Feeds

AT&T to mothball 2G network by 2017

Your iPhone needs more spectrum

Boost IT visibility and business value

In its latest filing with the Securities and Exchange Commission, US telecommunications giant AT&T has said it plans to sunset its 2G wireless network by January 1, 2017, with the goal of reclaiming spectrum for 3G/4G service.

"Due to substantial increases in the demand for wireless service in the United States, AT&T is facing significant spectrum and capacity constraints on its wireless network in certain markets," the filing, which was published on Friday, states.

Leading those "certain markets" are sure to be high-density urban areas with lots of smartphone users, such as New York and San Francisco, where AT&T customers have long complained about the carrier's spotty service. In 2009, an Apple store employee told one customer that he could expect his iPhone to drop 30 per cent of his calls on AT&T's network in New York.

Voice calls aren't what's gobbling up AT&T's wireless spectrum now, though. According to its SEC filing, AT&T's voice revenues were down a staggering $1.3bn for the first six months of 2012, a decrease of 10.1 per cent from the previous year.

That suggests the carrier's bandwidth problems can be attributed almost entirely to the increase in use of its wireless data services, owing to the exploding demand for smartphones in the US.

AT&T says that for the first time, the majority of its customers now own smartphones – 61.9 per cent, up from 49.9 per cent a year ago. Of those customers, more than a third own 4G-capable devices.

By comparison, only around 12 per cent of the carrier's monthly subscription customers (as opposed to prepaid customers) still use 2G handsets, making the spectrum AT&T has set aside for that service a growing liability.

AT&T has spent billions to build out its 3G/4G network, yet still has struggled to keep pace with the overall increase in network traffic. In its SEC filing it says that its network-related costs grew $209m in the first six months of 2012, due to both surging traffic and its ongoing network enhancement efforts.

Last year, AT&T had hoped to buy its way out of its worries by acquiring rival carrier T-Mobile USA, but when that proposed merger collapsed in December under the weight of federal scrutiny, the carrier was left with few options.

AT&T's filing does not say when it intends to begin phasing out its 2G network, only that it will be a multi-year process. Throughout that process, the carrier says it plans to "work proactively" with its 2G customers to move them to 3G and 4G devices. ®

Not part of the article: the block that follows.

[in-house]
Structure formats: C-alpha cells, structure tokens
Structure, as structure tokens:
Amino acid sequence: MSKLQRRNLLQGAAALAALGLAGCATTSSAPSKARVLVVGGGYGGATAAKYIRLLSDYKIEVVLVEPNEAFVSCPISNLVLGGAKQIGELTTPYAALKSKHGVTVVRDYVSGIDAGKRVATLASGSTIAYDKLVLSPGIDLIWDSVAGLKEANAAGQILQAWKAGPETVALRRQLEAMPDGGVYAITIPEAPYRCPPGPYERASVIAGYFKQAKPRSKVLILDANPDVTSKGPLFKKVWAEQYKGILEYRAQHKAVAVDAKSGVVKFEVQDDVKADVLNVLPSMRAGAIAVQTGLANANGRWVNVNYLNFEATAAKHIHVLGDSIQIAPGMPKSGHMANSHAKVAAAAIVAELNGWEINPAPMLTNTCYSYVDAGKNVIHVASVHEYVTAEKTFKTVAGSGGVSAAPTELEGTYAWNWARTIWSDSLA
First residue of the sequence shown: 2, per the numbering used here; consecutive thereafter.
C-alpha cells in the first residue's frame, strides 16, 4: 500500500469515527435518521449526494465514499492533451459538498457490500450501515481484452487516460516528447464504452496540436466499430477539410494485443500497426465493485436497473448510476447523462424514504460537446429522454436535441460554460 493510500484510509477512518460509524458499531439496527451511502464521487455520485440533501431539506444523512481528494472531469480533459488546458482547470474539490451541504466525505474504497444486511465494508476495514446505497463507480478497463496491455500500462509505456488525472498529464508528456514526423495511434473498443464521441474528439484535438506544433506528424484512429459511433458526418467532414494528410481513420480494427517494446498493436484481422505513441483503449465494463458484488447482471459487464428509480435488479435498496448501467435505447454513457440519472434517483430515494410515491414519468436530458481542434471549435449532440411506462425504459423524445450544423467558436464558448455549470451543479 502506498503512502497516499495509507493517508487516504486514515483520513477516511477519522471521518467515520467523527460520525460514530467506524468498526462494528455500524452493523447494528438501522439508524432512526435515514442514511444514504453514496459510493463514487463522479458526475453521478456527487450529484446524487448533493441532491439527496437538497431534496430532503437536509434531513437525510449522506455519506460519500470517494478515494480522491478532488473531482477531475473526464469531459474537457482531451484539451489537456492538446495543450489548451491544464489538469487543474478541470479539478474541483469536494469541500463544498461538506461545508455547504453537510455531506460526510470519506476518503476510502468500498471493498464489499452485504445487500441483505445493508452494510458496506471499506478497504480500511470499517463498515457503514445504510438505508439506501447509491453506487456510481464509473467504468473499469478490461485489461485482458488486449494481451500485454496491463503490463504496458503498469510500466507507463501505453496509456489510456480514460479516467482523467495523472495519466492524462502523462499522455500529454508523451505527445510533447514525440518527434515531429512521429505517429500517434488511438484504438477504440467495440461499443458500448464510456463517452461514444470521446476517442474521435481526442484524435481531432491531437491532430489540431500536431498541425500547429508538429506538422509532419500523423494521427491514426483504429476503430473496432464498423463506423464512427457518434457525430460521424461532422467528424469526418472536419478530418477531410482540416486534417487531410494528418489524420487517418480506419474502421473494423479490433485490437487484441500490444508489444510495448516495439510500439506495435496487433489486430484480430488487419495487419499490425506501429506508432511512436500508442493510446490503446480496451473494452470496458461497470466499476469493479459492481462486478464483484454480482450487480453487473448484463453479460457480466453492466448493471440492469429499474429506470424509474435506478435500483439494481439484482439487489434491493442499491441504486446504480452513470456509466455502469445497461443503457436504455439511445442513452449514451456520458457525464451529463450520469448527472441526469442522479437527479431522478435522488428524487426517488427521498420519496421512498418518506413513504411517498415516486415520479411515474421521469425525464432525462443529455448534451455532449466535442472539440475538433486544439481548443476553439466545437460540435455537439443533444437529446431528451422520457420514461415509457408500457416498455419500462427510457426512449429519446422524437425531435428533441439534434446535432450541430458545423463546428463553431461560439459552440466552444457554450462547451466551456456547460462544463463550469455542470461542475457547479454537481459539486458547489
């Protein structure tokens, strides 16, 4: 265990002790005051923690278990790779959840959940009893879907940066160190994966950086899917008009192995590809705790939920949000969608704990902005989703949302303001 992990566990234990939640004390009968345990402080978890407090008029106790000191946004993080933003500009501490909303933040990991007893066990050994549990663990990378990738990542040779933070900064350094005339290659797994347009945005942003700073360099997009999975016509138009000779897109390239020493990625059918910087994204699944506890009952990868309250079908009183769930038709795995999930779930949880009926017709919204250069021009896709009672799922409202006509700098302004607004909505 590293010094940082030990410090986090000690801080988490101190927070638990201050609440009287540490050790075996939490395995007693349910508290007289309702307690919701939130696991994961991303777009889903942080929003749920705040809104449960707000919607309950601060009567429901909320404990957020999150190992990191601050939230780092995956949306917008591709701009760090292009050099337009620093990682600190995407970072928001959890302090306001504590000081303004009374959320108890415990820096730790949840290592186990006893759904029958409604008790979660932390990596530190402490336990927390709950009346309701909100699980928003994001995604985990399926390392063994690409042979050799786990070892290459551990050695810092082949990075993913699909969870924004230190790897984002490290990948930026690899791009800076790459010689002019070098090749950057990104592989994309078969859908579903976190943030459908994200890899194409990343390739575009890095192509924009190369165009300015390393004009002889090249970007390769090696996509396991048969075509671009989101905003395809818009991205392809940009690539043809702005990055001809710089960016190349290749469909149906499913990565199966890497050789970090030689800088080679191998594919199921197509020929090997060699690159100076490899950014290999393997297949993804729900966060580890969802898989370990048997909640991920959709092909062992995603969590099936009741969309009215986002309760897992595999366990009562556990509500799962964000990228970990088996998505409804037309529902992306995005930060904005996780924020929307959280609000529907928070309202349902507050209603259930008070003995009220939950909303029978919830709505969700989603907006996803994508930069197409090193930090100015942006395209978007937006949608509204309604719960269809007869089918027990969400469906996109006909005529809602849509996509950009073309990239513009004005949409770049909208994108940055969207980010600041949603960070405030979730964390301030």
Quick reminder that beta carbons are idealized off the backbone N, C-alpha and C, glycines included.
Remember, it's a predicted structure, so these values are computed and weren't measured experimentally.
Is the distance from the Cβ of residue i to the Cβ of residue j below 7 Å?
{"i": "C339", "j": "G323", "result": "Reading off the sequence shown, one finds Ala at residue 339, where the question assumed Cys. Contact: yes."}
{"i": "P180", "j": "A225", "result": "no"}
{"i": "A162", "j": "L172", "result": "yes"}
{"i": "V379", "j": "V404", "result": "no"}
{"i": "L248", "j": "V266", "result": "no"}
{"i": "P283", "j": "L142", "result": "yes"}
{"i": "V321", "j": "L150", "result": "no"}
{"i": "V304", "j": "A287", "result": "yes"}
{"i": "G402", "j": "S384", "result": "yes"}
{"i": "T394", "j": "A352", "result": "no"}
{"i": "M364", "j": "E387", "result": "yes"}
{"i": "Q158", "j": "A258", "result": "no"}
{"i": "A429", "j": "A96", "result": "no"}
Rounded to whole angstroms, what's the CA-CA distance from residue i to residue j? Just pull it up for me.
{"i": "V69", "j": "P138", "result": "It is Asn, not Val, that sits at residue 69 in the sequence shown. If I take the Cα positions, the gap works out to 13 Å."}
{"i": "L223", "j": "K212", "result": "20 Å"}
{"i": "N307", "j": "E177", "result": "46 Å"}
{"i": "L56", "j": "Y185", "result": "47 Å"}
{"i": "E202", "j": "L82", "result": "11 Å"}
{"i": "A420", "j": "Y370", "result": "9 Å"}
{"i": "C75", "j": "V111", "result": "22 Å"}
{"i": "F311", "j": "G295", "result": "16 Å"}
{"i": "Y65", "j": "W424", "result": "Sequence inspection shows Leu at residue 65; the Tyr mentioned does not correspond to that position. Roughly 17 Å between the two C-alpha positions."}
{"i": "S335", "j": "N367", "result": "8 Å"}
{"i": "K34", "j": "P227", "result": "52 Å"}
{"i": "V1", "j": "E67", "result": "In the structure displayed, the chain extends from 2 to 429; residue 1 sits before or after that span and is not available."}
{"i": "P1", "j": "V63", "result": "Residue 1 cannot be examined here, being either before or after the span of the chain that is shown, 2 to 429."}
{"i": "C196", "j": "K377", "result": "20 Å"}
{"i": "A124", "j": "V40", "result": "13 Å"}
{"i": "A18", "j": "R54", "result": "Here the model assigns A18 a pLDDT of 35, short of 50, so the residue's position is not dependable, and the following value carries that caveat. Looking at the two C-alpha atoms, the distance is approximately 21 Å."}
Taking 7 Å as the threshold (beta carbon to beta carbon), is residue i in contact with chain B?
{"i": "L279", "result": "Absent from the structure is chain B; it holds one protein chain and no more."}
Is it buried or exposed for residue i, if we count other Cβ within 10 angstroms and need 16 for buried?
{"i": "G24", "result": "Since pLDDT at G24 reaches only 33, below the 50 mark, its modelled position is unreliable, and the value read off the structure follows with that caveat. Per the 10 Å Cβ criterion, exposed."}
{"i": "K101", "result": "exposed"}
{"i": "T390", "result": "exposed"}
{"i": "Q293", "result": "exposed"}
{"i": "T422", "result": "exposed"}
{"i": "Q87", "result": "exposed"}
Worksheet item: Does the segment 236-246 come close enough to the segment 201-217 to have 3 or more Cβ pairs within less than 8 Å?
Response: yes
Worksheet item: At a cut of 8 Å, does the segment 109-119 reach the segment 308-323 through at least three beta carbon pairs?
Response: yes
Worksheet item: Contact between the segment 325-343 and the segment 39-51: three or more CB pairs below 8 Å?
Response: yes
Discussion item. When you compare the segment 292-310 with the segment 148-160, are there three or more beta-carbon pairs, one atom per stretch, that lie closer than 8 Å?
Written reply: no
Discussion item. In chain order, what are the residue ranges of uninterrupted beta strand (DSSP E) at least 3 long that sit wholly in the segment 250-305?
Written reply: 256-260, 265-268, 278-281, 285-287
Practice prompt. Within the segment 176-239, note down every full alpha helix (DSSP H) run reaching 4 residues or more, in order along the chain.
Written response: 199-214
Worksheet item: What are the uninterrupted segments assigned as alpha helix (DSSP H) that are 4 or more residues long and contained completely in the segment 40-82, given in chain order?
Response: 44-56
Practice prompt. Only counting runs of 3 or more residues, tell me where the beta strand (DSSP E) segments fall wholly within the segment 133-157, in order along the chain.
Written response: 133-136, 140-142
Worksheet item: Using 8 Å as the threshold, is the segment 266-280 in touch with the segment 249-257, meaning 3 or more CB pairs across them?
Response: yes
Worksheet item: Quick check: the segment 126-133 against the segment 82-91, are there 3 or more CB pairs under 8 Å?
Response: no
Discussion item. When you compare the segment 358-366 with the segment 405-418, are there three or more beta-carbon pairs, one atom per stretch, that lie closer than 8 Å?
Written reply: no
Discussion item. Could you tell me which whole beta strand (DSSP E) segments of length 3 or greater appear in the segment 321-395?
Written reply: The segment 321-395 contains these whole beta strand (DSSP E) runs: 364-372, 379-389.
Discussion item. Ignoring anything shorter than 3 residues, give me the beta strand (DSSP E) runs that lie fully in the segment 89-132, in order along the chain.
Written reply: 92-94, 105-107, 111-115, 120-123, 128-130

Seven Steps to Software Security

More from The Register

next story
Scotland's BIG question: Will independence cost me my broadband?
They can take our lives, but they'll never take our SPECTRUM
Bring back error correction, say Danish 'net boffins
We don't need no steenkin' TCP/IP retransmission and the congestion it causes
Auntie remains MYSTIFIED by that weekend BBC iPlayer and website outage
Still doing 'forensics' on the caching layer – Beeb digi wonk
NBN Co adds apartments to FTTP rollout
Commercial trial locations to go live in September
Samsung Z Tizen OS mobe is post-phoned – this time for good?
Russian launch for Sammy's non-droid knocked back
Telstra to KILL 2G network by end of 2016
GSM now stands for Grave-Seeking-Mobile network
Seeking LTE expert to insert small cells into BT customers' places
Is this the first step to a FON-a-like 4G network?
What FTC lawsuit? T-Mobile US touts 10GB, $100 family-of-4 plan
Folks 'could use that money for more important things' says CEO Legere
prev story

Whitepapers

Implementing global e-invoicing with guaranteed legal certainty
Explaining the role local tax compliance plays in successful supply chain management and e-business and how leading global brands are addressing this.
Consolidation: The Foundation for IT Business Transformation
In this whitepaper learn how effective consolidation of IT and business resources can enable multiple, meaningful business benefits.
Application security programs and practises
Follow a few strategies and your organization can gain the full benefits of open source and the cloud without compromising the security of your applications.
How modern custom applications can spur business growth
Learn how to create, deploy and manage custom applications without consuming or expanding the need for scarce, expensive IT resources.
Securing Web Applications Made Simple and Scalable
Learn how automated security testing can provide a simple and scalable way to protect your web applications.